Hot-off-the-press year-end tax planning tips

Do you know how the past year’s tax changes will affect your business?

Hot-off-the-press year-end tax planning tips

With the busyness of the holiday season, who has time for tax planning? However, taking a few simple steps at year-end could result in some significant tax savings.

Protecting Americans from Tax Hikes (PATH) Act of 2015

Well, we waited all year (again), but Congress and the President finally passed a tax incentive extender bill in mid-December. This bill makes several tax incentives retroactively extended and others were actually made permanent.

Section 179 expensing, the provision allowing for an immediate write-off of up to $500,000 in qualifying capital expenditures, has been made permanent, to be indexed for inflation each year going forward.

Bonus depreciation has also been extended. The bill extends the 50 percent bonus depreciation for the purchase of new capital assets through 2017 and includes provisions for a 40 percent write-off in 2018 and 30 percent in 2019.

The extension of both of these provisions will finally give some flexibility to taxpayers to plan capital purchases out over multiple years.

Research Tax Credit

The research credit has been made permanent by the extender bill. This credit is claimed for qualified research expenditures. Companies with significant expenditures for research and development should consider reaching out to a specialist to determine the potential tax savings.

Tangible Property Regulations

There were significant changes to the Tangible Property Regulations in 2014. In 2015 and beyond it will be critical for business owners to review their policies and procedures to ensure compliance with the regulations.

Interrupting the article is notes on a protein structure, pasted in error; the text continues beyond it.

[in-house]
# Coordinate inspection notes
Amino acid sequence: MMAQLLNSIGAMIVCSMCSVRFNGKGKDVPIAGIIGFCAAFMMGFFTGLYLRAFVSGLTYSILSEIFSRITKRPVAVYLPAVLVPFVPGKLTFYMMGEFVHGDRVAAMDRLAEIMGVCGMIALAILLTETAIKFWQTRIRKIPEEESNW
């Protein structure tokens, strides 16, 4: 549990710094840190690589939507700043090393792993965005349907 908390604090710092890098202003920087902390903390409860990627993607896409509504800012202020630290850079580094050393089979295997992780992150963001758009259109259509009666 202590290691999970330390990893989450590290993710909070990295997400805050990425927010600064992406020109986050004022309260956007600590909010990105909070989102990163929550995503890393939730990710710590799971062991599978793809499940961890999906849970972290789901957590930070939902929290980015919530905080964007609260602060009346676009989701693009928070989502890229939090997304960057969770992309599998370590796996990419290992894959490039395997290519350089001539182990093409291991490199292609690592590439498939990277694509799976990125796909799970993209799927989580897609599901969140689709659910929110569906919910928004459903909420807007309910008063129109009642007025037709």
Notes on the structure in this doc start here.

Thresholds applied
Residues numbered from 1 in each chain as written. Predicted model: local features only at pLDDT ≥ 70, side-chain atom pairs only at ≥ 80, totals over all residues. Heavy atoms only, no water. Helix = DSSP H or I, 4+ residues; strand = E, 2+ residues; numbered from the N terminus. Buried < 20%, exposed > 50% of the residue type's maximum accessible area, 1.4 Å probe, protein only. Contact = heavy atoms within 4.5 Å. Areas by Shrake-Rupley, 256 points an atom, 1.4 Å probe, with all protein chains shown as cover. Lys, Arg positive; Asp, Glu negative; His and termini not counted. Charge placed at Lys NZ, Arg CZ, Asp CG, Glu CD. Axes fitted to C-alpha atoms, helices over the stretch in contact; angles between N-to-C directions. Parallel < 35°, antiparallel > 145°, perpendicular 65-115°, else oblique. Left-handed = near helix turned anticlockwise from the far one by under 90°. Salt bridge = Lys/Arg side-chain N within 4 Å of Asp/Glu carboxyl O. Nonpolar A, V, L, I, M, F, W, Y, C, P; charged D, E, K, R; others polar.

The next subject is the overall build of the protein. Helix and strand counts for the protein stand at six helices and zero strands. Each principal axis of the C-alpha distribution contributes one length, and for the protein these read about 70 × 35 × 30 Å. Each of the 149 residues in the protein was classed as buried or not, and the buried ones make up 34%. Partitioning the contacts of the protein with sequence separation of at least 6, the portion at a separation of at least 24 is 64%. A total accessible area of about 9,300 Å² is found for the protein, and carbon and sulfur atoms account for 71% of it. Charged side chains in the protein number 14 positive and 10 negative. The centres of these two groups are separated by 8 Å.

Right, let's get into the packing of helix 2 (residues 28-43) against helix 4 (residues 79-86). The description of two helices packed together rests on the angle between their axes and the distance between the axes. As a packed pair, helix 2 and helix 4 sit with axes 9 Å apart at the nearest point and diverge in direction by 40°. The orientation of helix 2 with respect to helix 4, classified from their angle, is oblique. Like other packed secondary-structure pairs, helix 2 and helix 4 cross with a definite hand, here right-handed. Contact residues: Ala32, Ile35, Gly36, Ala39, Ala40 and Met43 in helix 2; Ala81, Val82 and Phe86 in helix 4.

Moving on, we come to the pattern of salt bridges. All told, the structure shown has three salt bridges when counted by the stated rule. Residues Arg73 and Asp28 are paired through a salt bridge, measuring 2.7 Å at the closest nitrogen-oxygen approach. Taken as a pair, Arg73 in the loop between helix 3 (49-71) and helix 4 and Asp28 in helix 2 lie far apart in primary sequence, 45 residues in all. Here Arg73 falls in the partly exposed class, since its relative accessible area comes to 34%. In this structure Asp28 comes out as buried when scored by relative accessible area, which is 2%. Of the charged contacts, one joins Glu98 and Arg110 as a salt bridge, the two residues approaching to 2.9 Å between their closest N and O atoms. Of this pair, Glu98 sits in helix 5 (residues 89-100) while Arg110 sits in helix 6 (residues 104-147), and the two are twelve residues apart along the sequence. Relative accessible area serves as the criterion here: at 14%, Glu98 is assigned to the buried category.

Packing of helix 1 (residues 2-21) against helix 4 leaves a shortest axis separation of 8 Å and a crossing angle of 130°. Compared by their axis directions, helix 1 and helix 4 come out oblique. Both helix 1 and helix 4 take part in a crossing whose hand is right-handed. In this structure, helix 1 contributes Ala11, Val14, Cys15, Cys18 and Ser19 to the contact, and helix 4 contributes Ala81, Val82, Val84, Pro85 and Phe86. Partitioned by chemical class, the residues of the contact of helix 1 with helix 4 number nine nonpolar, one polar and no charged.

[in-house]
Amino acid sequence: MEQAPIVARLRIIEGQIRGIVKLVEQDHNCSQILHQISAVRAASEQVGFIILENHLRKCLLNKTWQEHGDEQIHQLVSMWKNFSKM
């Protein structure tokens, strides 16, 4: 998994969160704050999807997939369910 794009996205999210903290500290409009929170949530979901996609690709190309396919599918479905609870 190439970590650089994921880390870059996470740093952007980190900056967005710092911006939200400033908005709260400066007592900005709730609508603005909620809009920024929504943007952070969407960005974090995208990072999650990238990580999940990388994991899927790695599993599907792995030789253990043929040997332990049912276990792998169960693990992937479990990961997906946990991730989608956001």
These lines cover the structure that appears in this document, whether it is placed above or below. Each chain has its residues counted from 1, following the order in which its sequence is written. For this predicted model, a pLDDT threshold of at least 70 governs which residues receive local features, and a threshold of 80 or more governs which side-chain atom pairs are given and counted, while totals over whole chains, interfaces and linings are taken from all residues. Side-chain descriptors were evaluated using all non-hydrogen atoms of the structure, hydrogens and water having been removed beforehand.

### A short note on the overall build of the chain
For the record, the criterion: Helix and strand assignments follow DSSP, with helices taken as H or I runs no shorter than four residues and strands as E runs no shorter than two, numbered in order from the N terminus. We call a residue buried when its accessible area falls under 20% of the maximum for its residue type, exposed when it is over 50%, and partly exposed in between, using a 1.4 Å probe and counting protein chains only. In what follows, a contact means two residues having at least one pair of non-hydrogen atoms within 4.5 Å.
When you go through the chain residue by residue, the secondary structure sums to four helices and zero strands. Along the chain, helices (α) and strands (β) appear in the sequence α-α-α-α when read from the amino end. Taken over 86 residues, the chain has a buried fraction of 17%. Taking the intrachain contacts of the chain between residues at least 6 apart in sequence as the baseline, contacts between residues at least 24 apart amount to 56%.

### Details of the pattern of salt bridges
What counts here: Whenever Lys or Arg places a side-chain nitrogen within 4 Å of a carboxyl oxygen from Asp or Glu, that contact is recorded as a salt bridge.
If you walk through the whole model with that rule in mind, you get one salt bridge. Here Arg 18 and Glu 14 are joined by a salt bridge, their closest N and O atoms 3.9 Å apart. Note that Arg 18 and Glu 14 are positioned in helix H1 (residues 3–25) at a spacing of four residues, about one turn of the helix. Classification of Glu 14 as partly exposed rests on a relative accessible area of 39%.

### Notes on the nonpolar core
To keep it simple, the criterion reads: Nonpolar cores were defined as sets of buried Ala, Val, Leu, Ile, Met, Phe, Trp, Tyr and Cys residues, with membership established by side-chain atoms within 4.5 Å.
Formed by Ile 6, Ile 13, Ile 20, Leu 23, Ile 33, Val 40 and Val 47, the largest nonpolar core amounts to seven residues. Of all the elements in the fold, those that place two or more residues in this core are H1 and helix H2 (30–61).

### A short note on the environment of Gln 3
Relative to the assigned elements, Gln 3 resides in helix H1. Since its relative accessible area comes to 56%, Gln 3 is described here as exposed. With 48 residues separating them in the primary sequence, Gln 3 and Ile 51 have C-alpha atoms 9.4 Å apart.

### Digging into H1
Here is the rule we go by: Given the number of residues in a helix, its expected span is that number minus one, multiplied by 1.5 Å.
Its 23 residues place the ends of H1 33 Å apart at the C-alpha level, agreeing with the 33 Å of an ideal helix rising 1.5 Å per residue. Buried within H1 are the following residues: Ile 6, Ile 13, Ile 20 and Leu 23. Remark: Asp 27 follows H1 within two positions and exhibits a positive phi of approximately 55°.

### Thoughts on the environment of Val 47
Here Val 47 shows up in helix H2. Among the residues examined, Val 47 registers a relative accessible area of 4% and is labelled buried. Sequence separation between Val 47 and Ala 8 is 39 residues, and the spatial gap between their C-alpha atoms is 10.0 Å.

One significant change to the regulations is the increase in the de minimis safe harbor limit for taxpayers without audited financial statements. This allows taxpayers to deduct the cost of items below this threshold when purchased. The original threshold was set at $500 per item, but has been raised to $2,500 effective January 1, 2016. The IRS has indicated that they will allow taxpayers to use this increased limit in 2015 as well. Taxpayers wishing to take advantage of this new incentive should update their written capitalization policy.

Gain/Loss Harvesting

Often we practice the mantra “hold on to your depreciated investments and the market will turn around eventually.” However, the end of the year is a great time to consider getting rid of dead weight. In a tax year where an individual is projecting large capital gains from the sale of investments, it can be very advantageous to harvest capital losses by selling off bad or slow investments. These losses can offset your gains and result in a direct tax savings. It is also advantageous to avoid being forced to harvest those losses in future years, when the capital gain is no longer available to be offset.

Prepayment of State Taxes